- Drill holes for venting and the handle. Measure 3 inches in from the edge of the lid and drill eight equally spaced, 3/4-inch-diameter holes around the lid, about 6-1/2 inches apart. Then, drill holes fitted to your gate pull handle, and install the handle on the lid.
- Choose a spot for your smoker, preferably where the grade is on an incline. Decide where you’re going to install your cold-smoke drum. The stovepipe should rise slightly as it goes from the firebox to the smoking chamber. Having a pitch on the stovepipe ensures that the smoke is pulled from the firebox into the chamber. Mark on the ground where you’ll put the smoking chamber, firebox, and pipe. There should be at least 4 feet between the firebox and the smoking chamber.
Once you have your smoking chamber prepped, there are two different methods of installation to choose from. Below are the steps for both a buried installation and an aboveground installation.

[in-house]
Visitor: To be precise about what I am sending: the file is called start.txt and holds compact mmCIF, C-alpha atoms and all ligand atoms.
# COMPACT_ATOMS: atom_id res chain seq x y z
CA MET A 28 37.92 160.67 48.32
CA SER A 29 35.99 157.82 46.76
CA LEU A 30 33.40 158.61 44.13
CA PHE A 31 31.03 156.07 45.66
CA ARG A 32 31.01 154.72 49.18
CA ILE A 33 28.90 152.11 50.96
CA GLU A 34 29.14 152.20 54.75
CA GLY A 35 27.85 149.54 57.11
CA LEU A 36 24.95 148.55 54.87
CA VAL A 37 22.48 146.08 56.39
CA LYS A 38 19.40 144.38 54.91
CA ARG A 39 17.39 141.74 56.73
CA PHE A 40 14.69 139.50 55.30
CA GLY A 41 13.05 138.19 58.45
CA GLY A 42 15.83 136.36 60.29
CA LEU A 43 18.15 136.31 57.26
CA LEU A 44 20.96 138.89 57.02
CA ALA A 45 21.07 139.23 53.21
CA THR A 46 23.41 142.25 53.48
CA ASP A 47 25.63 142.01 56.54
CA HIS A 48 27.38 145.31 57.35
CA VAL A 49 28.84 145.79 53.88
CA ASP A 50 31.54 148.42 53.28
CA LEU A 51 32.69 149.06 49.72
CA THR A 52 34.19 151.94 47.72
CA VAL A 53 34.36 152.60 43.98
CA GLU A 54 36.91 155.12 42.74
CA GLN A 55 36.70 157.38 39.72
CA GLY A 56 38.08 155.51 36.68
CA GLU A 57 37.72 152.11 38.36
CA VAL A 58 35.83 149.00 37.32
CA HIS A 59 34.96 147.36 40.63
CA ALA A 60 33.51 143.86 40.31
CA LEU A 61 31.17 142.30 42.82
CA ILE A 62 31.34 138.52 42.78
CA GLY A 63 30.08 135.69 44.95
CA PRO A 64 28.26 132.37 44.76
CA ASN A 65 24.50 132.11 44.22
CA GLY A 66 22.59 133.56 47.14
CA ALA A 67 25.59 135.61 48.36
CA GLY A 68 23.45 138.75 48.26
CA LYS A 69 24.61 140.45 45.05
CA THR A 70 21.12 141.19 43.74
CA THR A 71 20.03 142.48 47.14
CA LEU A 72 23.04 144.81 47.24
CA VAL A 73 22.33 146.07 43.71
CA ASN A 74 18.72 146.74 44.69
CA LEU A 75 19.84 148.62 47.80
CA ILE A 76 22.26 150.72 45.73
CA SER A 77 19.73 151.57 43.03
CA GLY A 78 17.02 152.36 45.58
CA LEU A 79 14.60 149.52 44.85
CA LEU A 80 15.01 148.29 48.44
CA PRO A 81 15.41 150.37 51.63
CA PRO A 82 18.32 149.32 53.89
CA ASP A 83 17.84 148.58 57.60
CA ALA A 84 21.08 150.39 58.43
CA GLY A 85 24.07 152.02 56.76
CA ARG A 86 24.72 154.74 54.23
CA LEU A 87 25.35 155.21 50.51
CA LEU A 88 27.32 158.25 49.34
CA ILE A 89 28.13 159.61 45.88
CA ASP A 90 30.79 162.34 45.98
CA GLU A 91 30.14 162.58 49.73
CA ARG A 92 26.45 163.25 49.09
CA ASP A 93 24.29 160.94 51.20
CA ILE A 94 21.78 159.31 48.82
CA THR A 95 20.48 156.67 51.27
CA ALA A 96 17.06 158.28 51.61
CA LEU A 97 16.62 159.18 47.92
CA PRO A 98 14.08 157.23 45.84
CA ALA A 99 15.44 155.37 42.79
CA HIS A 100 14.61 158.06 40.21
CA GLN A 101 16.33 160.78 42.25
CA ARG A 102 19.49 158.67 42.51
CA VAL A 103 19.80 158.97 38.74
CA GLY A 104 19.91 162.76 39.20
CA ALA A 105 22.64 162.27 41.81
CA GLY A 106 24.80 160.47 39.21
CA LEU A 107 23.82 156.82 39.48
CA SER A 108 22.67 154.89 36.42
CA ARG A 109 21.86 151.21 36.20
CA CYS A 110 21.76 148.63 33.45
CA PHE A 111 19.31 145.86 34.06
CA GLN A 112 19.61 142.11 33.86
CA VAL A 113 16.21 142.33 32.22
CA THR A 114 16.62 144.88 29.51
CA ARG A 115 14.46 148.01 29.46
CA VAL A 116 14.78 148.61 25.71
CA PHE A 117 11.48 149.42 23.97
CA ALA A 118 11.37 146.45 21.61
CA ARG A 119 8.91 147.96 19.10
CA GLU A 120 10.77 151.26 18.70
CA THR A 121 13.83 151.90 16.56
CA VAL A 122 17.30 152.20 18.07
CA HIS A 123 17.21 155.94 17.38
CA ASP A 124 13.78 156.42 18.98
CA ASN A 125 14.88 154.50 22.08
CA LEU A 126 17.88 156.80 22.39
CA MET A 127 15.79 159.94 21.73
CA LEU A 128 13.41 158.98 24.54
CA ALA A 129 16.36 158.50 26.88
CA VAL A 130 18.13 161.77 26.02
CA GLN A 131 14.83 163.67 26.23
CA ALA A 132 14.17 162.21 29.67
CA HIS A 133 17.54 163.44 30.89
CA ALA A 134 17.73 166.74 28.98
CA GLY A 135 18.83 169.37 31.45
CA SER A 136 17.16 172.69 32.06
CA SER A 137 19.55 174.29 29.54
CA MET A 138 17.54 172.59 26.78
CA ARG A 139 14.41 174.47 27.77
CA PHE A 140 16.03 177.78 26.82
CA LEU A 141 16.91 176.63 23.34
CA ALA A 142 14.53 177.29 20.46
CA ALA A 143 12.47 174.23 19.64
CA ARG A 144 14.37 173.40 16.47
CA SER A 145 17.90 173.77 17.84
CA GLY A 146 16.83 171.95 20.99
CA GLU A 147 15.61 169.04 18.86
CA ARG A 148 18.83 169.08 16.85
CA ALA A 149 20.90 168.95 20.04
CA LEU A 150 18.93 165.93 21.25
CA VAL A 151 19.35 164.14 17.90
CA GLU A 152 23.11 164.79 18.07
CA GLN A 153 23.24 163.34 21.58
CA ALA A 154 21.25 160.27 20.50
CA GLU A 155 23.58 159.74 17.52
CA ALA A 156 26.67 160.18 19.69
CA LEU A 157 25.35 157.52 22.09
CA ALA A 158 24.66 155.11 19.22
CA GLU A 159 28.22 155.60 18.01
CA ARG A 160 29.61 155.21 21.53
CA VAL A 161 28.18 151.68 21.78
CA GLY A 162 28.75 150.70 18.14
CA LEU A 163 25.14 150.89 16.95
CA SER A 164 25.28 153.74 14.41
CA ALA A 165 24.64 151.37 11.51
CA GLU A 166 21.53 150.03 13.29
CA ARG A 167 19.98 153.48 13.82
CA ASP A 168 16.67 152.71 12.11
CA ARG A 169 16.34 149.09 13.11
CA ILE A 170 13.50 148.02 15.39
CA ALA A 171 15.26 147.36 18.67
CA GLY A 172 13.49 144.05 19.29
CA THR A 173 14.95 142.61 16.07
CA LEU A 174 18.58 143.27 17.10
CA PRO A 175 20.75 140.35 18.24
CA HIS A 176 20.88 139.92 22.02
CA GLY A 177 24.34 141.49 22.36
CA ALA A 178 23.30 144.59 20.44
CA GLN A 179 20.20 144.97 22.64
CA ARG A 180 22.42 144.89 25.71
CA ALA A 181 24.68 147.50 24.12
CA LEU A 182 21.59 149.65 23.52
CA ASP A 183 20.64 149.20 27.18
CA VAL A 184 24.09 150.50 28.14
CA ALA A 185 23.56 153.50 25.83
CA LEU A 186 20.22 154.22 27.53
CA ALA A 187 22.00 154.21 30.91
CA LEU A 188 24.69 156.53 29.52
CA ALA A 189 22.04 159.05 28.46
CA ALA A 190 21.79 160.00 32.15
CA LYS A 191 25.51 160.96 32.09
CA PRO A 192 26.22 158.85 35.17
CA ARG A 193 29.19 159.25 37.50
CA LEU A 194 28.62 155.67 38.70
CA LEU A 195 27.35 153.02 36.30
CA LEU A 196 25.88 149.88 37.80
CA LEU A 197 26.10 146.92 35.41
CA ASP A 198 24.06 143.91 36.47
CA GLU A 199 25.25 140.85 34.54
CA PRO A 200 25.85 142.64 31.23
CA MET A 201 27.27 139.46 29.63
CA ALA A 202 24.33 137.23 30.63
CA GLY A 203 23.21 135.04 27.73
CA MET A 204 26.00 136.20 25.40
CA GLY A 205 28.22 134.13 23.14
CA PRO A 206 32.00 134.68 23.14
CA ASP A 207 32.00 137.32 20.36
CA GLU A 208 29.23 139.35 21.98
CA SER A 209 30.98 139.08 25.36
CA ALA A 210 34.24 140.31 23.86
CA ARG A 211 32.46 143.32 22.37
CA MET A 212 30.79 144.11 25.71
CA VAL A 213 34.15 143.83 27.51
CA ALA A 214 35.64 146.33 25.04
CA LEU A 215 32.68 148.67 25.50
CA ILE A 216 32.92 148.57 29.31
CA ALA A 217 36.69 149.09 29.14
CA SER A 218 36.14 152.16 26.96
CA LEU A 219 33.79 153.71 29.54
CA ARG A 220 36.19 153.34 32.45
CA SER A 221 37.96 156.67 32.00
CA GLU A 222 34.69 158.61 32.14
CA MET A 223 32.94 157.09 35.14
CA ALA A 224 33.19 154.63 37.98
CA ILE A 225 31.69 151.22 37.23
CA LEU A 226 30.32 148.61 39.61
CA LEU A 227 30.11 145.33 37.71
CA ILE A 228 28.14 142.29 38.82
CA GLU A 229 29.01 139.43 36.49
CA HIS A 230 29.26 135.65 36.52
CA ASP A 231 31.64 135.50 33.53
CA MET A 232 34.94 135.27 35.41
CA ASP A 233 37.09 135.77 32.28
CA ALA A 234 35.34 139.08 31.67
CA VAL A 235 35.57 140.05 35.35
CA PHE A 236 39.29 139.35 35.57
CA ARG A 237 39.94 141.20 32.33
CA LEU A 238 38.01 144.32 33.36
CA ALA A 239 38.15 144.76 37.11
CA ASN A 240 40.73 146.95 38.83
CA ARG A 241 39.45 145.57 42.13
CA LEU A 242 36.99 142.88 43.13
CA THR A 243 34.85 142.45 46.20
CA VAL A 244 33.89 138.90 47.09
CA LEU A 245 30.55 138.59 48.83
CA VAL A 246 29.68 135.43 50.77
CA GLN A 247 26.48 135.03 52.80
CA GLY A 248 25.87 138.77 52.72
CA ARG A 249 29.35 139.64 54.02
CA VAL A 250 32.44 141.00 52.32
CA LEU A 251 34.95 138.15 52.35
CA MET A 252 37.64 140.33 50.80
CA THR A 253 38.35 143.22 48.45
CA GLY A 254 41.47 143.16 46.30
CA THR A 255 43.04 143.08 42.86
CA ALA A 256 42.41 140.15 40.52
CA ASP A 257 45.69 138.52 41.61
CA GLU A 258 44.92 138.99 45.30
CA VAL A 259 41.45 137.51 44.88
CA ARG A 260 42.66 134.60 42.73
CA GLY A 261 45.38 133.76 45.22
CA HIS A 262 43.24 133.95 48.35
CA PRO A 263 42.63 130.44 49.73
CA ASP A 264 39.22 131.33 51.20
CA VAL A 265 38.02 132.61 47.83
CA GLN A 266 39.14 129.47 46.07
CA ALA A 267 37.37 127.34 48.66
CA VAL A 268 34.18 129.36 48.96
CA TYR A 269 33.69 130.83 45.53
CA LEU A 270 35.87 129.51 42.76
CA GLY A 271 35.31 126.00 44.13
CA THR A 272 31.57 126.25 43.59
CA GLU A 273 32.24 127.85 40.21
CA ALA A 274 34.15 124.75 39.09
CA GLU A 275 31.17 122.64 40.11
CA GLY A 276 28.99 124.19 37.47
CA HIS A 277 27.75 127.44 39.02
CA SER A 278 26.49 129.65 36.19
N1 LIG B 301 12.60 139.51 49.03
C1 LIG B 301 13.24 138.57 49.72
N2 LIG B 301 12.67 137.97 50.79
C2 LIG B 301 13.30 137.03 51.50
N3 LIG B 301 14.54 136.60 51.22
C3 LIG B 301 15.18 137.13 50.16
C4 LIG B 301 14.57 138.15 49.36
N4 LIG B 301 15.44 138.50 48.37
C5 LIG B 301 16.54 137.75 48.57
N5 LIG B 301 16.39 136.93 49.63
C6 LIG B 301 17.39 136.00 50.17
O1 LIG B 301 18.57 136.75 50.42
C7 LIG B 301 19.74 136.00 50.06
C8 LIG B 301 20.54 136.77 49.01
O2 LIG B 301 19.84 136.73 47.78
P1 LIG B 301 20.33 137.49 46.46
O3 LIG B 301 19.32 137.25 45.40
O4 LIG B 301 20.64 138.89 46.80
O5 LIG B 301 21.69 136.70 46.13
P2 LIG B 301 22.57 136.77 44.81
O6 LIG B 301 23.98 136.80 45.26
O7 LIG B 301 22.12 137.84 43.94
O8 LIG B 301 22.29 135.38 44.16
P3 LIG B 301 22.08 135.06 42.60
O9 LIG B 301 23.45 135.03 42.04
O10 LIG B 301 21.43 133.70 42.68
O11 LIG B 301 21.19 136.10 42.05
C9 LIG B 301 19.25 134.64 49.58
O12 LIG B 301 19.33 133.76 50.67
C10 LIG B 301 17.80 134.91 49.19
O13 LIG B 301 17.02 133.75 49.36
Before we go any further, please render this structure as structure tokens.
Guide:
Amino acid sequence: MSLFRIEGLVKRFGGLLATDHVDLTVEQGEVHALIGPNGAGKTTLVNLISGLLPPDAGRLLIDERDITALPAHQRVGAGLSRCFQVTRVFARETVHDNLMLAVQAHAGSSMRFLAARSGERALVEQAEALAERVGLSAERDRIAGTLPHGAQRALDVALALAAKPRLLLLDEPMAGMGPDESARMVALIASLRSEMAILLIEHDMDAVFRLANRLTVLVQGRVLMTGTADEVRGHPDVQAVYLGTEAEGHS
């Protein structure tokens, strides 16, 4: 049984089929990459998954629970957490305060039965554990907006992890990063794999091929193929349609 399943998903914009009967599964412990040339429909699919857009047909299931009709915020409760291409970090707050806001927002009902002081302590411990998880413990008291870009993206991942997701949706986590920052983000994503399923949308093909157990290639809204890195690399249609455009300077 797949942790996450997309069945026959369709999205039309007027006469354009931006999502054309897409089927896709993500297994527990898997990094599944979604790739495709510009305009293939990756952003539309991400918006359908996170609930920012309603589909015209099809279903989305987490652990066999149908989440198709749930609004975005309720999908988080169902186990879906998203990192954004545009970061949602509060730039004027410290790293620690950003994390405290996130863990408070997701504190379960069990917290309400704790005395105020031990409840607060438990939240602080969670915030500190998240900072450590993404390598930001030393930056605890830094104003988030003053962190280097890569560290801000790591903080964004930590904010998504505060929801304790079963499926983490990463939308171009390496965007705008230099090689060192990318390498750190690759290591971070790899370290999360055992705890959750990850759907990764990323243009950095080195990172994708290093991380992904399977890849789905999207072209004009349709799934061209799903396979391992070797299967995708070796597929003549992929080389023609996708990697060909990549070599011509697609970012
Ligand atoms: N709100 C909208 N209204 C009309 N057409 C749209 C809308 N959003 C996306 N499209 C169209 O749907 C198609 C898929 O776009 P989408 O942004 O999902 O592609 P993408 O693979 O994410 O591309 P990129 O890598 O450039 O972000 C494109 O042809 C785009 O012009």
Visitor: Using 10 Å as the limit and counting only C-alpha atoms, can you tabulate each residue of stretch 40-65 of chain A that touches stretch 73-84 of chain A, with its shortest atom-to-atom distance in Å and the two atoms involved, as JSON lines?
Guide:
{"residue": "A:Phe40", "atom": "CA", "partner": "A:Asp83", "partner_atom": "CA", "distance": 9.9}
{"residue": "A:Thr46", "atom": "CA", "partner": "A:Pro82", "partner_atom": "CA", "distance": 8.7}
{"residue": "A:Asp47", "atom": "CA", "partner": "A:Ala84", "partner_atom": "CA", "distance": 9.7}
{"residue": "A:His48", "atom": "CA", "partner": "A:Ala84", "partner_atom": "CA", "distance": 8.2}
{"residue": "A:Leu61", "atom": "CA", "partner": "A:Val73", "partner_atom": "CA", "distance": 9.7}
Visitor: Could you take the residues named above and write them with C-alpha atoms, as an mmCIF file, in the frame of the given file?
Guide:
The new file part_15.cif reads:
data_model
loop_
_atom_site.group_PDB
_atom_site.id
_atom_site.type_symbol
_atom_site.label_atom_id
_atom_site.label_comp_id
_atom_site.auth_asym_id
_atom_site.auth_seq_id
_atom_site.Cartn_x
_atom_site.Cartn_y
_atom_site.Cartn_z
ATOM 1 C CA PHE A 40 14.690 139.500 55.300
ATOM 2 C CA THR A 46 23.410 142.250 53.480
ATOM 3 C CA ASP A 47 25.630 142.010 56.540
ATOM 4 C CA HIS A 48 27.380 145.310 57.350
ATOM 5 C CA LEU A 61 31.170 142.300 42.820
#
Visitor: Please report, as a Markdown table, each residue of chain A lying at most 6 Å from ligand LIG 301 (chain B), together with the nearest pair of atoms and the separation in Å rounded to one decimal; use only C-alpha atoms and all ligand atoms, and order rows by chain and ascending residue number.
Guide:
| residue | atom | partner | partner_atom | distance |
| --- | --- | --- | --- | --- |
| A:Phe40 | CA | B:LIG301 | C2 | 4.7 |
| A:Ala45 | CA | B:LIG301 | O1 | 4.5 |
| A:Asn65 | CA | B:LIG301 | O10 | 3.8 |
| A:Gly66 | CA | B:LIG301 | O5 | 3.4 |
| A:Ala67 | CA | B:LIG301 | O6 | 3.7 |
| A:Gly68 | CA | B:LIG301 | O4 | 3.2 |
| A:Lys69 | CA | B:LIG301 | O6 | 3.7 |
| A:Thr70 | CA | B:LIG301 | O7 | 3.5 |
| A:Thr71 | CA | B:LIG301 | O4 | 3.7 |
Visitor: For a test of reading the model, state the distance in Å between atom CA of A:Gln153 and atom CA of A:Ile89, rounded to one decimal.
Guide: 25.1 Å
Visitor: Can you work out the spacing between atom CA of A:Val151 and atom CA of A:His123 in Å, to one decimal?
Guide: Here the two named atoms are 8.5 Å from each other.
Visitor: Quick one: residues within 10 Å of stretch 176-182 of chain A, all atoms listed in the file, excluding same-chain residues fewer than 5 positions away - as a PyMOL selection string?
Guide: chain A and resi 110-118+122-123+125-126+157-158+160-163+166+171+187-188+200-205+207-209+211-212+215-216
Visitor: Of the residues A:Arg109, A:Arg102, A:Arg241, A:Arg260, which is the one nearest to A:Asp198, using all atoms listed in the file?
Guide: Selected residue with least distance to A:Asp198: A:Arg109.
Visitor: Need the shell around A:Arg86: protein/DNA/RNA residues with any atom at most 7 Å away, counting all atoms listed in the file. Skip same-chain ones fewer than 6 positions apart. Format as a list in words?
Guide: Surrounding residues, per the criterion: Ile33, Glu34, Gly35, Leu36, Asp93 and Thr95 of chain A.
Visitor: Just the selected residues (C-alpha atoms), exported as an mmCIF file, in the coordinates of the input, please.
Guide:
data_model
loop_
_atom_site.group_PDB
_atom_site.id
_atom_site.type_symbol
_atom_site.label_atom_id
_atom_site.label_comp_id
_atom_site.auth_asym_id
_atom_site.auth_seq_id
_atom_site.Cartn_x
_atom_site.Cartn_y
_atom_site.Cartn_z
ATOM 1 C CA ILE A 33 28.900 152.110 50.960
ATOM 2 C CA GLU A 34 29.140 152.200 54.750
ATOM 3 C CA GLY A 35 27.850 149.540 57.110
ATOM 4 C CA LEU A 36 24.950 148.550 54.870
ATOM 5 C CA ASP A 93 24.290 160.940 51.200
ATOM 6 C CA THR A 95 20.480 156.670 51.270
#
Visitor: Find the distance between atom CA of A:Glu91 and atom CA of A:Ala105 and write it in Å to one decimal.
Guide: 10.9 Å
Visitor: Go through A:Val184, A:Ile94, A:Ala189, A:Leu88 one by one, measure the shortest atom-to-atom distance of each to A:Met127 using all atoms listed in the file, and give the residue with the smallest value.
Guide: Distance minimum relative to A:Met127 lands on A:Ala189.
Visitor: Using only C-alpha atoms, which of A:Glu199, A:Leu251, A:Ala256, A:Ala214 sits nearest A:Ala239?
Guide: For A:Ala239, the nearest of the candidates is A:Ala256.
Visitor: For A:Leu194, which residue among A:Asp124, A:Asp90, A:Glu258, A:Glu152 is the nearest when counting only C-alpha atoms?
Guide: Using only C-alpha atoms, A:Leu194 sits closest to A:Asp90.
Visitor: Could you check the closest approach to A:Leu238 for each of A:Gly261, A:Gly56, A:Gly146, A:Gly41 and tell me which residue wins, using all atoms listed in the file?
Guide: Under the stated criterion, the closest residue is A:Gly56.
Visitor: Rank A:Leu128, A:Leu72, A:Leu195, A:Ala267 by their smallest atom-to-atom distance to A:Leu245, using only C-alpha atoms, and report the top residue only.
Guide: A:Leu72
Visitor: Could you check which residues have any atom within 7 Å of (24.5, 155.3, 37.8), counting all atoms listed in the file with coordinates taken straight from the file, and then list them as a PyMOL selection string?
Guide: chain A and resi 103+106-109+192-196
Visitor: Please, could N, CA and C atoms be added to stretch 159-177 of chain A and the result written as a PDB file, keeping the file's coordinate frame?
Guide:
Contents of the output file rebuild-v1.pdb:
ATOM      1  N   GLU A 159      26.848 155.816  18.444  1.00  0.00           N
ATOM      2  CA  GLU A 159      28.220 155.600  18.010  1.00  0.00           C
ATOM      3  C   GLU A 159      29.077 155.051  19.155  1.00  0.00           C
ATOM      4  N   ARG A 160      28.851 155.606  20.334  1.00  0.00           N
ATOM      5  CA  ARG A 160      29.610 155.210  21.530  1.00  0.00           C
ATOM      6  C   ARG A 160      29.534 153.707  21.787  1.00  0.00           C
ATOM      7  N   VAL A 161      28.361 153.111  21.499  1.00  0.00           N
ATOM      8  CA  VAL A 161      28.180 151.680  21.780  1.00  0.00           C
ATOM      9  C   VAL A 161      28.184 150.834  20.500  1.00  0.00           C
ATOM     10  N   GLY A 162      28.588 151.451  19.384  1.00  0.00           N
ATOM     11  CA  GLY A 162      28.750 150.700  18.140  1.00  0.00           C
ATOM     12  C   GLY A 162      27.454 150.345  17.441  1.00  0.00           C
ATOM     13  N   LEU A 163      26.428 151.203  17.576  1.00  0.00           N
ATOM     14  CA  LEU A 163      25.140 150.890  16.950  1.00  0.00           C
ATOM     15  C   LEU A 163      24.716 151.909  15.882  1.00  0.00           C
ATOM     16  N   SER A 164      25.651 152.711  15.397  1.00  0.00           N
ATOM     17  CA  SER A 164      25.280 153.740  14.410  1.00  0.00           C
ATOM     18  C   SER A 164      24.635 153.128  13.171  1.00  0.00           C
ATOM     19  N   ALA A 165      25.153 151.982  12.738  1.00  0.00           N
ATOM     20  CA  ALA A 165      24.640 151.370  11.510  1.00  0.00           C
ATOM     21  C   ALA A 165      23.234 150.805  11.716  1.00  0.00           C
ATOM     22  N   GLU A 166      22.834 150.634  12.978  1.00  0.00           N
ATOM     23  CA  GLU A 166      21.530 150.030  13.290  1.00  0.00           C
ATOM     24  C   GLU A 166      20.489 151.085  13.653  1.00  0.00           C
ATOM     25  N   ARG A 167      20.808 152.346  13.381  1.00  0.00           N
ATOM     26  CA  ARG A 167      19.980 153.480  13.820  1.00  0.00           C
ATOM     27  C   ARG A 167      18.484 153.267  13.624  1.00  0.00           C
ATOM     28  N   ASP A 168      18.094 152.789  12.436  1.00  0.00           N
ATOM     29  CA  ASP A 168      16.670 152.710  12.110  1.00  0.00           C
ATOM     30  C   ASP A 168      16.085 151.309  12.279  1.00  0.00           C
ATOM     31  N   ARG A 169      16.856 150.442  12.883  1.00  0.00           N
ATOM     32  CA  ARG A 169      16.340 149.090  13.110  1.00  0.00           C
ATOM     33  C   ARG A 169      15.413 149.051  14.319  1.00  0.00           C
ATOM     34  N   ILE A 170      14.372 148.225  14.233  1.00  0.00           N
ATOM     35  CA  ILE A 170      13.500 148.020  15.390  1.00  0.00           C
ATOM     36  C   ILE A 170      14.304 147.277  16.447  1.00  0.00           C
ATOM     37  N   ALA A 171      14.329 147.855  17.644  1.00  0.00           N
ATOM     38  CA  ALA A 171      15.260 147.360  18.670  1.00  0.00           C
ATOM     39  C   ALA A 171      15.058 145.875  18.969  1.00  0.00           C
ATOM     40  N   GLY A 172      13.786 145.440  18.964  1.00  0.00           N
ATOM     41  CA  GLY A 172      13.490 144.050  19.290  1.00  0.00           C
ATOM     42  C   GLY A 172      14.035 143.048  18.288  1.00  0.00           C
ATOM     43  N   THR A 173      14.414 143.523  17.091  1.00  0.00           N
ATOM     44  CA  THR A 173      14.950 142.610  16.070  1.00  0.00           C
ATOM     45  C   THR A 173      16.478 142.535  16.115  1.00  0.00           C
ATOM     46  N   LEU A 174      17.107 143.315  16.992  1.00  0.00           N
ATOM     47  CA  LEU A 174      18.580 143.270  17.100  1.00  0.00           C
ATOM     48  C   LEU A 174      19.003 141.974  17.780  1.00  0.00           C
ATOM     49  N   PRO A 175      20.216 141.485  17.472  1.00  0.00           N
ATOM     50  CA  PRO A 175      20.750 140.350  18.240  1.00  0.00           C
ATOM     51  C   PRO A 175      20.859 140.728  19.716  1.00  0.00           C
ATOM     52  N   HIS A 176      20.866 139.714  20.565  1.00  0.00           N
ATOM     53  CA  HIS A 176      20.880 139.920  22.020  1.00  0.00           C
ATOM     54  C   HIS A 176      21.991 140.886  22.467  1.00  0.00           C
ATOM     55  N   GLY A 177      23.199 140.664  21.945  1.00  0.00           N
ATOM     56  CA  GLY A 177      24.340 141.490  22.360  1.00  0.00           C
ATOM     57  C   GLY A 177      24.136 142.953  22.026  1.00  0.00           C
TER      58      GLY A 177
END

The Buried Firebox
Illustration by Michael Gellatly
If you want this smoker to be a permanent installation, you can bury some of the features, such as the stovepipe and firebox, in the ground.
- Dig a trench for the stovepipe. The trench should be wide enough to fit the 6-inch stovepipe, and should keep a 5- to 10-degree pitch going upward from the firebox to the smoking chamber. Ideally, the trench will rise 1 inch for every foot, creating a 5-degree angle. At this angle over a 4-foot run, the stovepipe will be 4 inches higher at the smoke chamber than at the firebox.